44 km (27 mi) ↙ SW BELESAR GRUPO 2 Hydro 331.01 MW
47 km (29 mi) ↘ SE PUENTE BIBEY 4 Hydro 312.41 MW
49 km (30 mi) ↙ SW P.E. CHANTADA Wind 48.0 MW
49 km (30 mi) ↘ SE PONTENOVO 1 Hydro 25.77 MW
49 km (30 mi) ↙ SW P.E. PEDRA CHANTADA Wind 21.78 MW
51 km (32 mi) ↓ S LAS CONCHAS GRUPO 1 Hydro 49.38 MW
55 km (34 mi) ↙ SW P.E. MONTE CABEZA Wind 36.8 MW
55 km (34 mi) ↓ S REGUEIRO GRUPO 2 Hydro 28.64 MW
55 km (34 mi) ↓ S RAMIRO II Wind 49.5 MW
56 km (34 mi) ↓ S LOS PEARES GRUPO 2 Hydro 181.02 MW
56 km (35 mi) ↓ S San Esteban II Grupo 1 Hydro 438.45 MW
60 km (37 mi) ↖ NW PAPELERA ROMANI Oil 18.801 MW
61 km (38 mi) ↙ SW P.E. RIOBOO Wind 20.8 MW
61 km (38 mi) ↓ S P. E. SAN ESTEBAN FASE I Wind 66.47 MW
61 km (38 mi) ↓ S SAN PEDRO 2 Hydro 34.36 MW
62 km (38 mi) ↓ S P.E. CARBALLEIRA Wind 24.42 MW
63 km (39 mi) ↖ NW P.E. FARRAPA I Wind 20.0 MW
63 km (39 mi) ↖ NW P.E. ALABE-TERRAL Wind 27.0 MW
63 km (39 mi) ↖ NW P.E. ALABE-MONTEMAYOR SUR Wind 12.75 MW
64 km (40 mi) ↓ S P.E. PENA ARMADA Wind 20.7 MW
64 km (40 mi) ↓ S P.E. PENA DA CRUZ Wind 22.95 MW
64 km (39 mi) ↖ NW PARQUE EOLICO A CARBA Wind 19.5 MW
64 km (39 mi) ↖ NW P. E. DE MONTOUTO Wind 20.46 MW
64 km (40 mi) ↓ S P.E. SERRA DO BURGO Y AMPLIACION(11050 KW 31/5/05) Wind 27.2 MW
64 km (40 mi) ↓ S P.E. MONTE ESQUINZA - SAN CRISTOBAL Wind 15.75 MW
70 km (43 mi) ↙ SW SNIACE Gas 93.0 MW
71 km (44 mi) ↓ S VELLE GRUPO 2 Hydro 86.48 MW
73 km (45 mi) ↙ SW P.E. MONTE CARRIO (ANTES MONTE CASTELO) Wind 31.45 MW
74 km (46 mi) ↖ NW SANTIAGO-JARES 2 Hydro 53.15 MW
77 km (48 mi) ↖ NW P. E. SERRA DA LOBA Wind 36.0 MW
78 km (48 mi) ← W MANDEO-ZARZO Hydro 25.6 MW
81 km (50 mi) ↖ NW PARQUE EOLICO MURAS II Wind 24.42 MW
81 km (50 mi) ↓ S TORAN Hydro 13.12 MW
81 km (50 mi) ↖ NW P.E. LEBOREIRO Wind 21.12 MW
83 km (51 mi) ↙ SW PARQUE EOLICO COUTO DE SAN SEBASTIAN Wind 18.0 MW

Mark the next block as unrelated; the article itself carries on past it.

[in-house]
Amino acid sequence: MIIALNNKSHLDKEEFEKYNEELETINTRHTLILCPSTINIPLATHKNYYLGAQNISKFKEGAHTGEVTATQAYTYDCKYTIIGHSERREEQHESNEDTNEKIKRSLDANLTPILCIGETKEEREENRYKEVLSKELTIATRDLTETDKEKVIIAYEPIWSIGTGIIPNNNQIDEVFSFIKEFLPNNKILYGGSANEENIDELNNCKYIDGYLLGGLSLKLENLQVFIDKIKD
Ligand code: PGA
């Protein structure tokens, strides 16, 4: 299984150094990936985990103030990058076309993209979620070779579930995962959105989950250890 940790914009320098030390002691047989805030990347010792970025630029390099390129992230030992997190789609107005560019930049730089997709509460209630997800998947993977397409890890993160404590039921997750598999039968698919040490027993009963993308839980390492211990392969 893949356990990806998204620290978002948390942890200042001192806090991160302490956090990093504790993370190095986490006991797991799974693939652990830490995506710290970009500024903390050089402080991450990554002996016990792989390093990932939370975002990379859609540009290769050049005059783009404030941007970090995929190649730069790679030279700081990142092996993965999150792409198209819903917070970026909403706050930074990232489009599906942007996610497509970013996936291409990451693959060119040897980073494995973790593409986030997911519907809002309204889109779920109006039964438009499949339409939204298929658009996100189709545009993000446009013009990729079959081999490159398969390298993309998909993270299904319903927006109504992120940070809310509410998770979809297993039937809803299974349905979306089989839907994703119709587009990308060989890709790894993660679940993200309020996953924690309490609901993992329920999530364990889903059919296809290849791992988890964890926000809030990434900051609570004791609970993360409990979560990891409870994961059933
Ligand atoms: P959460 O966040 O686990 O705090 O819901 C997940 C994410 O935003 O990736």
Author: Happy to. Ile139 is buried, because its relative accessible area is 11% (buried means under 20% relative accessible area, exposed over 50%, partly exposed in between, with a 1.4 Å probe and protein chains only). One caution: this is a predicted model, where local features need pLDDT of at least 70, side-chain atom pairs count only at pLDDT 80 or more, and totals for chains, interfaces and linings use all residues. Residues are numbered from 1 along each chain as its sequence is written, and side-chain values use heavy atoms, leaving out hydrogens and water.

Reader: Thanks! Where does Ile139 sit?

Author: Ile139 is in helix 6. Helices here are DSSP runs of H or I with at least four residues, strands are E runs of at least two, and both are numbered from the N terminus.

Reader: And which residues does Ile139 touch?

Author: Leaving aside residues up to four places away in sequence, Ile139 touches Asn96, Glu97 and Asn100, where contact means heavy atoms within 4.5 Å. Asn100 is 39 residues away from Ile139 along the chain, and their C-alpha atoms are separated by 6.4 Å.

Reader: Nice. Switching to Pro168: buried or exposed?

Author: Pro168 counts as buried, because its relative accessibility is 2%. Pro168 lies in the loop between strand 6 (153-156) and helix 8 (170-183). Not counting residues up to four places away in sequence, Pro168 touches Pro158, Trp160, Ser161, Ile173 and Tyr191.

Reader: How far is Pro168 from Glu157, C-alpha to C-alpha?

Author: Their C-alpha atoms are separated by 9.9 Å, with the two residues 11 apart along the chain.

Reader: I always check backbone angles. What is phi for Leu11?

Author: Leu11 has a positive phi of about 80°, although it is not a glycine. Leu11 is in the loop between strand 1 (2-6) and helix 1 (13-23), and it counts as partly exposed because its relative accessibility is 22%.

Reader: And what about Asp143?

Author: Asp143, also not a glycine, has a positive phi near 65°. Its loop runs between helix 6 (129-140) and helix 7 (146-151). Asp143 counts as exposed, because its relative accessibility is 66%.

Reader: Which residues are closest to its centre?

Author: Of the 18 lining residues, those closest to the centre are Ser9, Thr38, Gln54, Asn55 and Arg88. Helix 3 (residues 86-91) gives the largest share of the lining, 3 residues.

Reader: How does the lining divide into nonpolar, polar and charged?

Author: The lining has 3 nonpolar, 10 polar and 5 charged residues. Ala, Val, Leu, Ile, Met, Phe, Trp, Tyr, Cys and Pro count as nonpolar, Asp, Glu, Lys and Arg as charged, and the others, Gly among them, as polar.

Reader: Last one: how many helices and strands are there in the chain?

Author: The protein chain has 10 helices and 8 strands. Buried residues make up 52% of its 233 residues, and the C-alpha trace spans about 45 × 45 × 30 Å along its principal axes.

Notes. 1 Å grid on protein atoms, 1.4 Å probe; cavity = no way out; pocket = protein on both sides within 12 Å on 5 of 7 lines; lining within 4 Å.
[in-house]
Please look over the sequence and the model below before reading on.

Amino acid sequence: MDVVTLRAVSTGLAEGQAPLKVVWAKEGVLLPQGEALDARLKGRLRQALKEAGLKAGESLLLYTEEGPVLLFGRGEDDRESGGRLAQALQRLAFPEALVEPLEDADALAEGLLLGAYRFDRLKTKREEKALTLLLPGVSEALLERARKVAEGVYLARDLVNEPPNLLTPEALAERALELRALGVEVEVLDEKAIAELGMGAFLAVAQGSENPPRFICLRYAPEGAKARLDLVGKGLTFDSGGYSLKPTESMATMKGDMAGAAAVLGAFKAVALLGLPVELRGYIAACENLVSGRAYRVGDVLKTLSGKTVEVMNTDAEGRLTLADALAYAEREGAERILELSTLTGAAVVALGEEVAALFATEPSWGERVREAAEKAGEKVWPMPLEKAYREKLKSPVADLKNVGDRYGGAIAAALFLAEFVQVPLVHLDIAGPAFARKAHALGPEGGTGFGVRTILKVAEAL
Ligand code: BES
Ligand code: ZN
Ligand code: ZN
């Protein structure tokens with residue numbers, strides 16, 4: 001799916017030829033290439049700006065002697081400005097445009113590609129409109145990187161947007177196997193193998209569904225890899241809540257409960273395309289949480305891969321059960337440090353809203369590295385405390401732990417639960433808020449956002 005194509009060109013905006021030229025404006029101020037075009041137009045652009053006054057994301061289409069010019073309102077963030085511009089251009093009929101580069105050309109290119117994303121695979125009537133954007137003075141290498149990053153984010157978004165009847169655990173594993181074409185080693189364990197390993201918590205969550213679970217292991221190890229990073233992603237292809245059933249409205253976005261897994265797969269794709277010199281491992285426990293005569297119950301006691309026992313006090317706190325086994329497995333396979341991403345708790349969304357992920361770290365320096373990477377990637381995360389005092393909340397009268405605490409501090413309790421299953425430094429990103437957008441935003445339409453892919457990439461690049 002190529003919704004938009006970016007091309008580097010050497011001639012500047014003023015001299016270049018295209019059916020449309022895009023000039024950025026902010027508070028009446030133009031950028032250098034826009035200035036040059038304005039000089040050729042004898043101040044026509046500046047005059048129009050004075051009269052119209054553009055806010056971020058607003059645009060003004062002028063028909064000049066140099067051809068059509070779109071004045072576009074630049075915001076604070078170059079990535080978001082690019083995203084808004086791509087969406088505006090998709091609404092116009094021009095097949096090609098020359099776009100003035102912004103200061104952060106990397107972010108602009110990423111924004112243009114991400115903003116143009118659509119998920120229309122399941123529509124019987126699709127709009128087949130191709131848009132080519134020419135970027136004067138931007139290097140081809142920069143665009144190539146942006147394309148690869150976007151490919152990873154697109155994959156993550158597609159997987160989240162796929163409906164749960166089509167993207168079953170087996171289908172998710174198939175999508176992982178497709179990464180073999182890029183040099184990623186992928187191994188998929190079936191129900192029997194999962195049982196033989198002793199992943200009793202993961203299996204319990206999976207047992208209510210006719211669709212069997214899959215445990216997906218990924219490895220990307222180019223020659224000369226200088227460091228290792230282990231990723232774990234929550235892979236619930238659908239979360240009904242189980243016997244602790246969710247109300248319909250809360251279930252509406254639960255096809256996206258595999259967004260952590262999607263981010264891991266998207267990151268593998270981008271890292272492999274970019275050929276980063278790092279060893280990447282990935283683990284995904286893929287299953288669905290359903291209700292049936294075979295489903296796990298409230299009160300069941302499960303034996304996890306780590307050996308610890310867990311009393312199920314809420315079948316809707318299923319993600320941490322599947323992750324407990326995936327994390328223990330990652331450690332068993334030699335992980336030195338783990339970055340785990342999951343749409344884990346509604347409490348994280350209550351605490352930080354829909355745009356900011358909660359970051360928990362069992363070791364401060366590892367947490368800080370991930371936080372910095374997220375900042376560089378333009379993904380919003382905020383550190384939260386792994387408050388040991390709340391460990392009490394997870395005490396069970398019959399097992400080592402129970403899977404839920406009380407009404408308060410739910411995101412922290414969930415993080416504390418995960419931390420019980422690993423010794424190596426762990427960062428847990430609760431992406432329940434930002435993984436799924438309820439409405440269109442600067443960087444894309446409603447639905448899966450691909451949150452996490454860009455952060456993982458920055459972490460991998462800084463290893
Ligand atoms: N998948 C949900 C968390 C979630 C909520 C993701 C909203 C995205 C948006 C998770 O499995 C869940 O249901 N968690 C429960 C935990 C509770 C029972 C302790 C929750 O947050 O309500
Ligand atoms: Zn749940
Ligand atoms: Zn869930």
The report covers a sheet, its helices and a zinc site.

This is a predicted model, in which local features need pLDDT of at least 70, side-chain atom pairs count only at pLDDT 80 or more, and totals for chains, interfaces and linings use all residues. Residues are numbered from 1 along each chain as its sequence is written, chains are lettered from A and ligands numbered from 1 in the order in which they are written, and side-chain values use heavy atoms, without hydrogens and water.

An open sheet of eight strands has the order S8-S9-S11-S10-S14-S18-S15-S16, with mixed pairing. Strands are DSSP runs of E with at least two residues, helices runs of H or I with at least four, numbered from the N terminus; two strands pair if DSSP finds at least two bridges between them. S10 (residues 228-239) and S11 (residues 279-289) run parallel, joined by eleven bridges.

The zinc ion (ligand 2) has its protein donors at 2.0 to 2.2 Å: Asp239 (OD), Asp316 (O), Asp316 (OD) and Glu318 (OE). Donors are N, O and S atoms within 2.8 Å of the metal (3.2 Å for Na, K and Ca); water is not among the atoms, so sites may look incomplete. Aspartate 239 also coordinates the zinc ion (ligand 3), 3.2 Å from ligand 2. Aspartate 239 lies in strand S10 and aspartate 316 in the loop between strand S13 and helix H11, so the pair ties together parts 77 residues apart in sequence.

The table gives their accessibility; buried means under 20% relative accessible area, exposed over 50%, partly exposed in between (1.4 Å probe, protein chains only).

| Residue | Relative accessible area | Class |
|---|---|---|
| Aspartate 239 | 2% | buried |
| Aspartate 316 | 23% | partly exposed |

84 km (52 mi) ← W P. E. AMPLIACION SERRA DA LOBA (PENA REVOLTA) Wind 10.0 MW
85 km (53 mi) ↙ SW ALBARELLOS GRUPO 1 Hydro 67.6 MW
85 km (53 mi) ↖ NW CTCC AS PONTES GRUPO 5 Gas 855.67 MW
92 km (57 mi) ↙ SW CASTRELO GRUPO 1 Hydro 135.59 MW
95 km (59 mi) ↖ NW EUME GR 1 Hydro 54.4 MW
97 km (60 mi) ↖ NW P.E. DE MONTE MARBAN Wind 11.4 MW
97 km (60 mi) ↙ SW PORTO GR 1 Hydro 17.6 MW
97 km (60 mi) ↖ NW P.E. DE MONTE DA SERRA Wind 14.4 MW
102 km (63 mi) ← W MEIRAMA GRUPO 1 Coal 557.2 MW
103 km (64 mi) ← W P.E. DE CASTELO Wind 16.5 MW
108 km (67 mi) ← W FORESTAL DEL ATLANTICO Oil 24.8 MW
108 km (67 mi) ↙ SW P. E. MONTE SEIXO-CANDO Wind 34.98 MW
108 km (67 mi) ↙ SW P. E. SERRA DO CANDO Wind 29.23 MW
114 km (70 mi) ↙ SW P.E. TEA Wind 48.1 MW

Power Plants & Risks During Earthquakes

We found 6 types of power plants in the vecinity of the magnitude 2.2 earthquake that struck 7 km WSW of Becerreá, Spain on January 20, 2008 21:37:40. These types were Oil power plants, Wind power plants, Hydro power plants, Coal power plants, Waste power plants, Gas power plants, below you find information how each type of power plant can pose a risk to you as a person or the ecosytem around you.

None of this information should be used as guidence in an event of an emergency, but rather as additional references to information provided by national, state and local authorities.

Hydropower